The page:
Swiss Economy Very Exposed to Euroland’s Problems

December 15, 2011

The Swissie rose against the euro today when Swiss National Bank officials did not change the currency’s minimum exchange rate of 1.2 per euro following a scheduled quarterly review of monetary policy.  In a released statement, however, central bank officials re-promised to spare no effort enforcing the exchange policy introduced September 6, and they predicted a depreciating franc over time.  Such a development indeed is assumed in new inflation forecasts along with an assumption that the 3-month Libor point and range targets are kept at zero and 0-0.25%, respectively.  In spite of this loose credit policy, the CPI trajectory was again revised downward, although not so sharply as the revisions made in September.  Under the new forecast, inflation bottoms at negative 0.8% next quarter.  On-year inflation in 1Q12 was projected in the June review at 1.0% and in the September review at minus 0.4%.  Inflation is now not expected to exceed zero until 4Q12.  Inflation is projected to average minus 0.3% in 2012 and +0.4% in 2013, and even in the third quarter of 2014, it is projected to be no more than 0.8% higher than in the year-earlier quarter

The SNB view has been radically transformed from a year ago, and the agent of change and remaining future threat is unexpectedly sharp Swiss franc appreciation.  This development already is impeding Swiss growth, which slowed abruptly in 3Q. Officials now forecast that growth in 2012 will be just 0.5% under favorable assumptions.  In the December 2010 policy review, Swiss monetary officials had anticipated inflation exceeding 2.1% by the third quarter of 2013.  Today’s review speaks of new deflationary risks if the sovereign debt and banking crisis in the euro area isn’t contained, and there is considerable concern that the problem may instead intensify.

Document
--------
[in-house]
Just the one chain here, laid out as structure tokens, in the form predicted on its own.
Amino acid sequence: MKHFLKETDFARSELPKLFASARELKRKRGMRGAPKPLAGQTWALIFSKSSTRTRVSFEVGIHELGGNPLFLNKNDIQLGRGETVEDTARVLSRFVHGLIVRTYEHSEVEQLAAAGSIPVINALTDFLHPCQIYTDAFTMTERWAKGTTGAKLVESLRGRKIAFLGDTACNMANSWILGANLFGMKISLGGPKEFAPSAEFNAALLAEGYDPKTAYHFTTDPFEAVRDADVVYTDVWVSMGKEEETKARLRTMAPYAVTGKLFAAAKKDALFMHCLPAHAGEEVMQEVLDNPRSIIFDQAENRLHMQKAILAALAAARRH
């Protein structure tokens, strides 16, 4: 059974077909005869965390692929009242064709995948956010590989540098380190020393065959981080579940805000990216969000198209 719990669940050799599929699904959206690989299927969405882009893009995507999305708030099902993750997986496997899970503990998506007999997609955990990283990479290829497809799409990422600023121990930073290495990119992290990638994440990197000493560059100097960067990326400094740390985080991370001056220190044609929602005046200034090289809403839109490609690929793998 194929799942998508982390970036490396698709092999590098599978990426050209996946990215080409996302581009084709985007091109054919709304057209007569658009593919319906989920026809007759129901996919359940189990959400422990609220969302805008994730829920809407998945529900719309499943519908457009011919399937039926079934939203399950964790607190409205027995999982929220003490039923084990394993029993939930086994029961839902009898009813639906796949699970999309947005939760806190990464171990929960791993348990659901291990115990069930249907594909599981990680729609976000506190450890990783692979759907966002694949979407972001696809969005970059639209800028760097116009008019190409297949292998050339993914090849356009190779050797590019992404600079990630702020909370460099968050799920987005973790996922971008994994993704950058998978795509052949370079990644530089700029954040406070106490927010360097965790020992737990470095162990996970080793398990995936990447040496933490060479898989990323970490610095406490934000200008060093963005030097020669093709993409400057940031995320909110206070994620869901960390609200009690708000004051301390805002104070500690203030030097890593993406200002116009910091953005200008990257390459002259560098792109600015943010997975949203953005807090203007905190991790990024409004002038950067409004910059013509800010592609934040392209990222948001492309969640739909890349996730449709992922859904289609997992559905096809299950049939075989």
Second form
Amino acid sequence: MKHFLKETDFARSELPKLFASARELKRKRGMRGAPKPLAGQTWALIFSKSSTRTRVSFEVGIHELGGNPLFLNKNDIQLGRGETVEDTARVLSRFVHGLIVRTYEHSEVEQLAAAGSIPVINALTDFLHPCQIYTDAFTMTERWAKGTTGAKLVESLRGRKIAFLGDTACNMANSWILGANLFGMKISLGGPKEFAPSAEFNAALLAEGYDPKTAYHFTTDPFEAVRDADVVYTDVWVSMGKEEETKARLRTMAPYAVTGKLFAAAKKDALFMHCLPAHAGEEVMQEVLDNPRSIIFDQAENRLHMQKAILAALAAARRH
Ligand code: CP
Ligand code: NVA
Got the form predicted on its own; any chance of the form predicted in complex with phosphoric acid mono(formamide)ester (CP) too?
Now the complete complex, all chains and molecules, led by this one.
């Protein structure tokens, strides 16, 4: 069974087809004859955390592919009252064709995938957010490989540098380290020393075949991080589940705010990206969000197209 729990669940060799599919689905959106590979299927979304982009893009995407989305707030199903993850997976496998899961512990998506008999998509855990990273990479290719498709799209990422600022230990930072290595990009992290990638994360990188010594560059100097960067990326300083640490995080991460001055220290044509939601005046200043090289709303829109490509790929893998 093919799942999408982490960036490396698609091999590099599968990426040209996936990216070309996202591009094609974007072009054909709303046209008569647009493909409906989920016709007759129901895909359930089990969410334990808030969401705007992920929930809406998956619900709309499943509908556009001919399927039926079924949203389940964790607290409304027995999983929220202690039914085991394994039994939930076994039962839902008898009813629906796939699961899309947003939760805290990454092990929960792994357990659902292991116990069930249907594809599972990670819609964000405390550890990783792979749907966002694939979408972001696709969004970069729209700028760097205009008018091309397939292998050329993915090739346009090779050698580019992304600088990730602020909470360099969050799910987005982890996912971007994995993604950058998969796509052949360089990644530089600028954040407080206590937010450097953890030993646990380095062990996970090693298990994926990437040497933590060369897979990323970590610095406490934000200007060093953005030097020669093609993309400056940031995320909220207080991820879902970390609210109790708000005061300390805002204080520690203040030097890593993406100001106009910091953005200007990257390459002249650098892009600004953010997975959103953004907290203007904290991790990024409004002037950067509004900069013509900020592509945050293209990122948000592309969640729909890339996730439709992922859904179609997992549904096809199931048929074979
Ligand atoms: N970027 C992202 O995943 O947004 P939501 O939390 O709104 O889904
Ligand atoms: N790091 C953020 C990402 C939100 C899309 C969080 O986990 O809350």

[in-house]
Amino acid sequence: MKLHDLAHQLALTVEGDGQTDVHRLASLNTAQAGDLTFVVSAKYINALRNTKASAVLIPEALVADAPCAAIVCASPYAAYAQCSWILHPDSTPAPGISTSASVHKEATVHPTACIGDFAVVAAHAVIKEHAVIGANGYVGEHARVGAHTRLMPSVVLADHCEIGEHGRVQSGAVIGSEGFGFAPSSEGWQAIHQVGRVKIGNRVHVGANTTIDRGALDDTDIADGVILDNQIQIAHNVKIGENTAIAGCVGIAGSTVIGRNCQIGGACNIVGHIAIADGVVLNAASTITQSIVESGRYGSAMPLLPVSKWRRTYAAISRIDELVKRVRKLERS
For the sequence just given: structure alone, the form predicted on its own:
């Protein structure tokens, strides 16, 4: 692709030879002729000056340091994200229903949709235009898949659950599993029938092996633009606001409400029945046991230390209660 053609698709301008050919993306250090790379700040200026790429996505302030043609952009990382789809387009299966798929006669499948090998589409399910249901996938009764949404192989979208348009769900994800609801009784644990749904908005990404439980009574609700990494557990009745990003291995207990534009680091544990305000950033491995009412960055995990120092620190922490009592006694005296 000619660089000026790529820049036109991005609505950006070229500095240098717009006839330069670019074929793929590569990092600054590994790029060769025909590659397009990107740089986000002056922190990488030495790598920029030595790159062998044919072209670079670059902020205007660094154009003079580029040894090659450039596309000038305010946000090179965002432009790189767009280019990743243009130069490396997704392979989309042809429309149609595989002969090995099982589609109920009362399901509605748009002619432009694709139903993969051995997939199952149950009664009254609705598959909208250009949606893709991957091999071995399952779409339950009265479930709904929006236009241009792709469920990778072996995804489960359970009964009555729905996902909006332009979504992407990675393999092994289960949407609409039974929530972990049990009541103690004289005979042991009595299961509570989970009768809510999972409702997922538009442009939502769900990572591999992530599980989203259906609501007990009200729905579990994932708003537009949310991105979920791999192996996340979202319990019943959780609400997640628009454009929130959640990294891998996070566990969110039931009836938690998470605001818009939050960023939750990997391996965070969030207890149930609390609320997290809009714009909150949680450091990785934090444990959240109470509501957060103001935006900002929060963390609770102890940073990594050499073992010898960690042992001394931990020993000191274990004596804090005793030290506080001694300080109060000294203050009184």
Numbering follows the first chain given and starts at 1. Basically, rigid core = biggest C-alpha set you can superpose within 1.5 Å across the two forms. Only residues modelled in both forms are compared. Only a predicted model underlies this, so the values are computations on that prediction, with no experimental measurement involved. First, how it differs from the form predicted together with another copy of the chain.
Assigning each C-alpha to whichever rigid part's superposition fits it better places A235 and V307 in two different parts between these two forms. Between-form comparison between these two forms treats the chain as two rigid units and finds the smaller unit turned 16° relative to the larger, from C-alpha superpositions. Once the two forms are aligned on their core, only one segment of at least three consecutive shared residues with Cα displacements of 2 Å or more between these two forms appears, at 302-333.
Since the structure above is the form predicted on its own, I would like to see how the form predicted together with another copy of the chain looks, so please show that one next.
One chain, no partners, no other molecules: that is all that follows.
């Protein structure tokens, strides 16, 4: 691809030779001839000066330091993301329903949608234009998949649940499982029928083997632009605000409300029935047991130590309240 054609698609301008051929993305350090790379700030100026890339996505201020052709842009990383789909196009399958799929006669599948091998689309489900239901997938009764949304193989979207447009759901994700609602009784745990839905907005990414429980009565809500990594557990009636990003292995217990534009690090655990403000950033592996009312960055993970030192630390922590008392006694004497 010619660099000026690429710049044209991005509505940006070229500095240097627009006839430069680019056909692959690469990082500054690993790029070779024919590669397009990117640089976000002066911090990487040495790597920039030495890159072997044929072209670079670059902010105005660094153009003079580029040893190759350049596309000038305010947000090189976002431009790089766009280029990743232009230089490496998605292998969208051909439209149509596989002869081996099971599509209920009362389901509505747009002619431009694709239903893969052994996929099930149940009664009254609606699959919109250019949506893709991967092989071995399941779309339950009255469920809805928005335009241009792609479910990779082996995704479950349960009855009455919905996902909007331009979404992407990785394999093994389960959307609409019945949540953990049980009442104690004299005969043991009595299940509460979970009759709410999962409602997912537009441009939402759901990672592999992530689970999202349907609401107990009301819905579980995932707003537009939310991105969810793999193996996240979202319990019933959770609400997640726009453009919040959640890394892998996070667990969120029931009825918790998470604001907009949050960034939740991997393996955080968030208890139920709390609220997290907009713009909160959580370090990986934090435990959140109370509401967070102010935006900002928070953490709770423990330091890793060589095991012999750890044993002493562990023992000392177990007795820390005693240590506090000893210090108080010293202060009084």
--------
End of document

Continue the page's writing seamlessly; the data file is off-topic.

A further escalation of the European sovereign debt crisis cannot be ruled out. This would have grave consequences for the international financial system. Moreover, given our country’s close relations with the euro area, Switzerland’s economic prospects are highly dependent on how the crisis develops.

Switzerland’s monetary review does not quantify a worst case scenario.  Suffice it to say, the baseline estimates assume an unlikely containment of Euroland’s problems.  A true expected value incorporating the significant chance that Euroland dissolves is bleaker than Swiss officials dare to hypothesize in public.

Finally, here’s a little background on the evolution of the SNB’s policy stance.  In six moves from October 2008 to March 2009, the Libor point target was cut from 2.75% to 0.25%.  Before the first easing, it took 1.558 francs to purchase a euro and 1.138 to buy a dollar.  In August of this year, the interest rate target was cut to zero and enforced through a series of increases in Swiss sight deposits.  After spiking as high as 1.0075 per euro, the franc’s pegged ceiling of 1.20000 against the common currency was launched in early September. 

Copyright 2011, Larry Greenberg.  All rights reserved.  No secondary distribution without express permission.



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